One of the worst flu seasons in a decade is putting further strains on an already sluggish U.S. economy as companies get slammed with increased health care costs and lower productivity from widespread worker absences.
On average, seasonal flu outbreaks cost U.S. employers $10.4 billion in direct costs of hospitalization and outpatient visits, according to the Centers for Disease Control. That doesn't include the indirect costs related to lost productivity and worker absenteeism.
But this year, that figure is expected to go much higher, as the flu virus has shown up in some 41 states with 29 of them reporting high or severe levels of sickness as thousands are flooding into hospital emergency rooms and doctor's offices.
"If this is a major influenza outbreak, like the Spanish flu of 1918, it could have a very significant effect on economic growth," said Timothy G. Nash professor in Free Market Economics at Northwood University. "If GDP is projected to be be 2 percent this year, the flu could cut that back to one half percent growth rate." (Read more:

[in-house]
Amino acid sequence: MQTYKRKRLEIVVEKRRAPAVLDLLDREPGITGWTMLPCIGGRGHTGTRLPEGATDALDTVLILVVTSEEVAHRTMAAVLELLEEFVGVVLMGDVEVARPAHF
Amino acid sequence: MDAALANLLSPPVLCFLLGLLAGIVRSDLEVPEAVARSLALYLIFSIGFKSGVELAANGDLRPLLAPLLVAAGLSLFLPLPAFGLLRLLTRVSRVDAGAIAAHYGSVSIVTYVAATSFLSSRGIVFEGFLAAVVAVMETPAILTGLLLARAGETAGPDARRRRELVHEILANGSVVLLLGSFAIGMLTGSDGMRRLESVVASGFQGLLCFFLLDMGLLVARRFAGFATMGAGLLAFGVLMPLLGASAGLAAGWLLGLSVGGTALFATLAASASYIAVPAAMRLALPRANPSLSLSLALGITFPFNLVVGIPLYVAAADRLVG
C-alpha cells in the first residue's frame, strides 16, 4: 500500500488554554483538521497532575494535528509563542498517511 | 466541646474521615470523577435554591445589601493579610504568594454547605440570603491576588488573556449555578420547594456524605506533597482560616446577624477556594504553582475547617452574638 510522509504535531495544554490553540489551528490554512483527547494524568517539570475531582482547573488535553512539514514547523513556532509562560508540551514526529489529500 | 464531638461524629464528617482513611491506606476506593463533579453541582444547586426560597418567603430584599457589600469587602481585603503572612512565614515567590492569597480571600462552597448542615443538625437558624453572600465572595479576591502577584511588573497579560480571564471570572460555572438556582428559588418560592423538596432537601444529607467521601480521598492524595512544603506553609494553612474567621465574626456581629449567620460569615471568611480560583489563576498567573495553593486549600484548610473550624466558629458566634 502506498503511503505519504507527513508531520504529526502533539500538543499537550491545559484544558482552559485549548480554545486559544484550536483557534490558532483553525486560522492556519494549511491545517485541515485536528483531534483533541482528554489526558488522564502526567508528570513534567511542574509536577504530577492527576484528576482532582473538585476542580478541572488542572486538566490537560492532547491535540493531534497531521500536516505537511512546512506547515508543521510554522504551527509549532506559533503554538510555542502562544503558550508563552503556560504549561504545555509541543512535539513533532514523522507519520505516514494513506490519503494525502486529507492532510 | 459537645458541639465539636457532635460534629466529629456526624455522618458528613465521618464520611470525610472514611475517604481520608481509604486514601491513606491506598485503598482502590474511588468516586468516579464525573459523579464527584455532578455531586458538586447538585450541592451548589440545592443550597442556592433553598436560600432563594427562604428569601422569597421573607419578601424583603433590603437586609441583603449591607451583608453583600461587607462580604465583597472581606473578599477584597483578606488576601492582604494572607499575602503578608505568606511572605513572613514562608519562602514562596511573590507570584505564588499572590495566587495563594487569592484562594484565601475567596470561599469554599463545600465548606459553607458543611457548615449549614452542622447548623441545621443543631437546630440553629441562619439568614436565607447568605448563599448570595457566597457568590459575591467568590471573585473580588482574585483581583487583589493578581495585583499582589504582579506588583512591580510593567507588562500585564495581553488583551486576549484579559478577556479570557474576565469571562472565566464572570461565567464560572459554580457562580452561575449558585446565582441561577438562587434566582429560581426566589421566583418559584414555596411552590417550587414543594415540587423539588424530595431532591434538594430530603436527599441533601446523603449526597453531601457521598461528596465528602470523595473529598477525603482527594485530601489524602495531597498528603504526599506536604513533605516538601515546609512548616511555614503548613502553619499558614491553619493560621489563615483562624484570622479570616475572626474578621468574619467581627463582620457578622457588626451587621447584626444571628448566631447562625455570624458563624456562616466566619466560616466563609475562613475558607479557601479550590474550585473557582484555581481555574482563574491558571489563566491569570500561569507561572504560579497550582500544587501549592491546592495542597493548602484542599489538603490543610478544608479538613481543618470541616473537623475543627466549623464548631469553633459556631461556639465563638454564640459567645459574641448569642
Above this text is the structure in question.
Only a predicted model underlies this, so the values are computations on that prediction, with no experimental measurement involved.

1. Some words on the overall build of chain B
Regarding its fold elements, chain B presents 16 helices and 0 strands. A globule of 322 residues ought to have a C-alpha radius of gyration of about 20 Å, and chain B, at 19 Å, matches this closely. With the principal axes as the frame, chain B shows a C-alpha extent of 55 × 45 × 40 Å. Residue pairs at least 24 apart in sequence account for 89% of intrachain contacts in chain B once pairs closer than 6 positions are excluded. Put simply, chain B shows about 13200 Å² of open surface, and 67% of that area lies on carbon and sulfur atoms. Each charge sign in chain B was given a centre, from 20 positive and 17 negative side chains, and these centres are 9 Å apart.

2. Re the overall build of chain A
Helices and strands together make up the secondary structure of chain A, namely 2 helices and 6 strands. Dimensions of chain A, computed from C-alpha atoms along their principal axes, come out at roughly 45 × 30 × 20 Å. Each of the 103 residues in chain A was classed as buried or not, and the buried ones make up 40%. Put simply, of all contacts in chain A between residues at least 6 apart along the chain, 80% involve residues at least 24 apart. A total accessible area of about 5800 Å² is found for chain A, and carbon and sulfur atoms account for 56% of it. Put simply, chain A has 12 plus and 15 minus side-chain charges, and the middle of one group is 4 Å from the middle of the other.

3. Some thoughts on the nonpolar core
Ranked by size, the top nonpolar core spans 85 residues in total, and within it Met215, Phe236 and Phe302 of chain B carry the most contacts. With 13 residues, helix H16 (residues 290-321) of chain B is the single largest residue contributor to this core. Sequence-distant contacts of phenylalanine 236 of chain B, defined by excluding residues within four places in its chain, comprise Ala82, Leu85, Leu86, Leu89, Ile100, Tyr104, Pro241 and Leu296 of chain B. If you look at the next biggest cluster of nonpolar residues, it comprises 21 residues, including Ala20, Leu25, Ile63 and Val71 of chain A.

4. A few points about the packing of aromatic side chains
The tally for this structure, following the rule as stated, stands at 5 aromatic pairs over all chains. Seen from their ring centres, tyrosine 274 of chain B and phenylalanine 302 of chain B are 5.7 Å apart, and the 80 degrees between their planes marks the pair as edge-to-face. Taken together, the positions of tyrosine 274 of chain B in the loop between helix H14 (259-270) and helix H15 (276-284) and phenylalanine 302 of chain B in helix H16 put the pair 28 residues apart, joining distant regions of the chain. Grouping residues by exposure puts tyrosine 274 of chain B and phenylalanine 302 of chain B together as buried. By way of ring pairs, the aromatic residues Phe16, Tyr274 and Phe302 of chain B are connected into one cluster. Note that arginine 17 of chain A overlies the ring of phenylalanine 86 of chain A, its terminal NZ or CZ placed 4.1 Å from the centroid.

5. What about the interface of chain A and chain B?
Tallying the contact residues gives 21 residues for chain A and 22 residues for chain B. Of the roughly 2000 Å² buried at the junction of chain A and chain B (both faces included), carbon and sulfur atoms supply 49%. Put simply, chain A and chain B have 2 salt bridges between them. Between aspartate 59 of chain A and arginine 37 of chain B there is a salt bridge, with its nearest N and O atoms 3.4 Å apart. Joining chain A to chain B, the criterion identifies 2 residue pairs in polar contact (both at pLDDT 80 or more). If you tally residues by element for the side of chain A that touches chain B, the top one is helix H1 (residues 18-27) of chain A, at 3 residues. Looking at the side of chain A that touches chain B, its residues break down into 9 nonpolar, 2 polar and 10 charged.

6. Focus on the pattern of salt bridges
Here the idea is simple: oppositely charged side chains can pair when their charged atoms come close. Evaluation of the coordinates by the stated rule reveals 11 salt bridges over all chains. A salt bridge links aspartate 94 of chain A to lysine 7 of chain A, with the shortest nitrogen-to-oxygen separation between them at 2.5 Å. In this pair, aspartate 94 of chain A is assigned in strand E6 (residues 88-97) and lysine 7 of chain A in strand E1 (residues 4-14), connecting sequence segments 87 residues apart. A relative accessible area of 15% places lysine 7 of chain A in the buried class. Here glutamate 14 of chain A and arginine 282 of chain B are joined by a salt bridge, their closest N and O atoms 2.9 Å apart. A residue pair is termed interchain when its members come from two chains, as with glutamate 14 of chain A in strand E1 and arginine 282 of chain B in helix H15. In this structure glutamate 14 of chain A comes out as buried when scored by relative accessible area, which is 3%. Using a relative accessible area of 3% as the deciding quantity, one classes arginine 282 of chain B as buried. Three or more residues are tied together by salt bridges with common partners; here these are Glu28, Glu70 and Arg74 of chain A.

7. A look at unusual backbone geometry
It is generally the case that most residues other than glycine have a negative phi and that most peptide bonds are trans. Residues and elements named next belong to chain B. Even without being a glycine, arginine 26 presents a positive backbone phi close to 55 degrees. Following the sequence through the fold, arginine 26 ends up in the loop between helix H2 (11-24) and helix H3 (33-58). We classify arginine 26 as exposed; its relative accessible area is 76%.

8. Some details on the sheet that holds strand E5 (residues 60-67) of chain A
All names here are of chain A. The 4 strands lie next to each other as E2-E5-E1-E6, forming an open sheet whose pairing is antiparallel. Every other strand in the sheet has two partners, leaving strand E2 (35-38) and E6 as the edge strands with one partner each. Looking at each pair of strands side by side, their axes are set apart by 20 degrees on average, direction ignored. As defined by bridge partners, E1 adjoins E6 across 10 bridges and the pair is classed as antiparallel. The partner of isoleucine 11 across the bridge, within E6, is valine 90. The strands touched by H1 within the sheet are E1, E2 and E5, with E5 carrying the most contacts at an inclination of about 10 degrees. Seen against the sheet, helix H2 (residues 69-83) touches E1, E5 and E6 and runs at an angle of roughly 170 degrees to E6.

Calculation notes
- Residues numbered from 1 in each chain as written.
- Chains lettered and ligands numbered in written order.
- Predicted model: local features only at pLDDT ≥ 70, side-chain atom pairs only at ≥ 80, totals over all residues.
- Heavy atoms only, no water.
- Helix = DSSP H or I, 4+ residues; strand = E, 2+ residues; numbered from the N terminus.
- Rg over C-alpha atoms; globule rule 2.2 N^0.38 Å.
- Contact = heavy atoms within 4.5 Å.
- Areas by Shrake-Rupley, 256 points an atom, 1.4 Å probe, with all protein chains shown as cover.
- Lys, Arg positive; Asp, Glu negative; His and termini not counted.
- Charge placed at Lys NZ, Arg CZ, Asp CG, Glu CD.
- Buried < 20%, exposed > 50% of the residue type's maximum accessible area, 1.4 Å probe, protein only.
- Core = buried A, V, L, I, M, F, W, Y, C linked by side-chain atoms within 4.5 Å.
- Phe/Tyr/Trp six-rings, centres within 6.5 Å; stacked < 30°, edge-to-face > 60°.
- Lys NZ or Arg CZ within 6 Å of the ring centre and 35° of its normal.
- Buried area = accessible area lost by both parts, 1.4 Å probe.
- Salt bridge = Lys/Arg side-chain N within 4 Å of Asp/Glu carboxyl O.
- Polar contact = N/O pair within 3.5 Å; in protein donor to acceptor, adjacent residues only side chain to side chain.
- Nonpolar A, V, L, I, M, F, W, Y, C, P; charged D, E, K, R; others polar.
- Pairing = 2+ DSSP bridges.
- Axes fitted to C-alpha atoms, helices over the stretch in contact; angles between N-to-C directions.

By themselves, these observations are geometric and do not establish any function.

"A non-epidemic flu costs the U.S.economy with roughly 36,000 lives and causes more than 200,000 people to be hospitalized and costs our economy," Nash said. "We don't know if this is a like 1918 but we can't ignore the serious nature of what's going on."
"The last thing we need in a slow economy is a major flu epidemic," said Paul Mangiamele, CEO of the Bennigan's restaurant chain located throughout the U.S. "It's bad enough as it is without the flu taking even more customers away."
Mangiamele said his company is on "orange alert' to try and keep the flu impact to a minimum.
"We have basic high-end standards on hygiene any way but we're doing more work in making sure our utensils are extra clean and making sure the salt and pepper shakers have been rubbed down and every worker washes their hands. We're just ramping up our normal effort," said Mangiamele.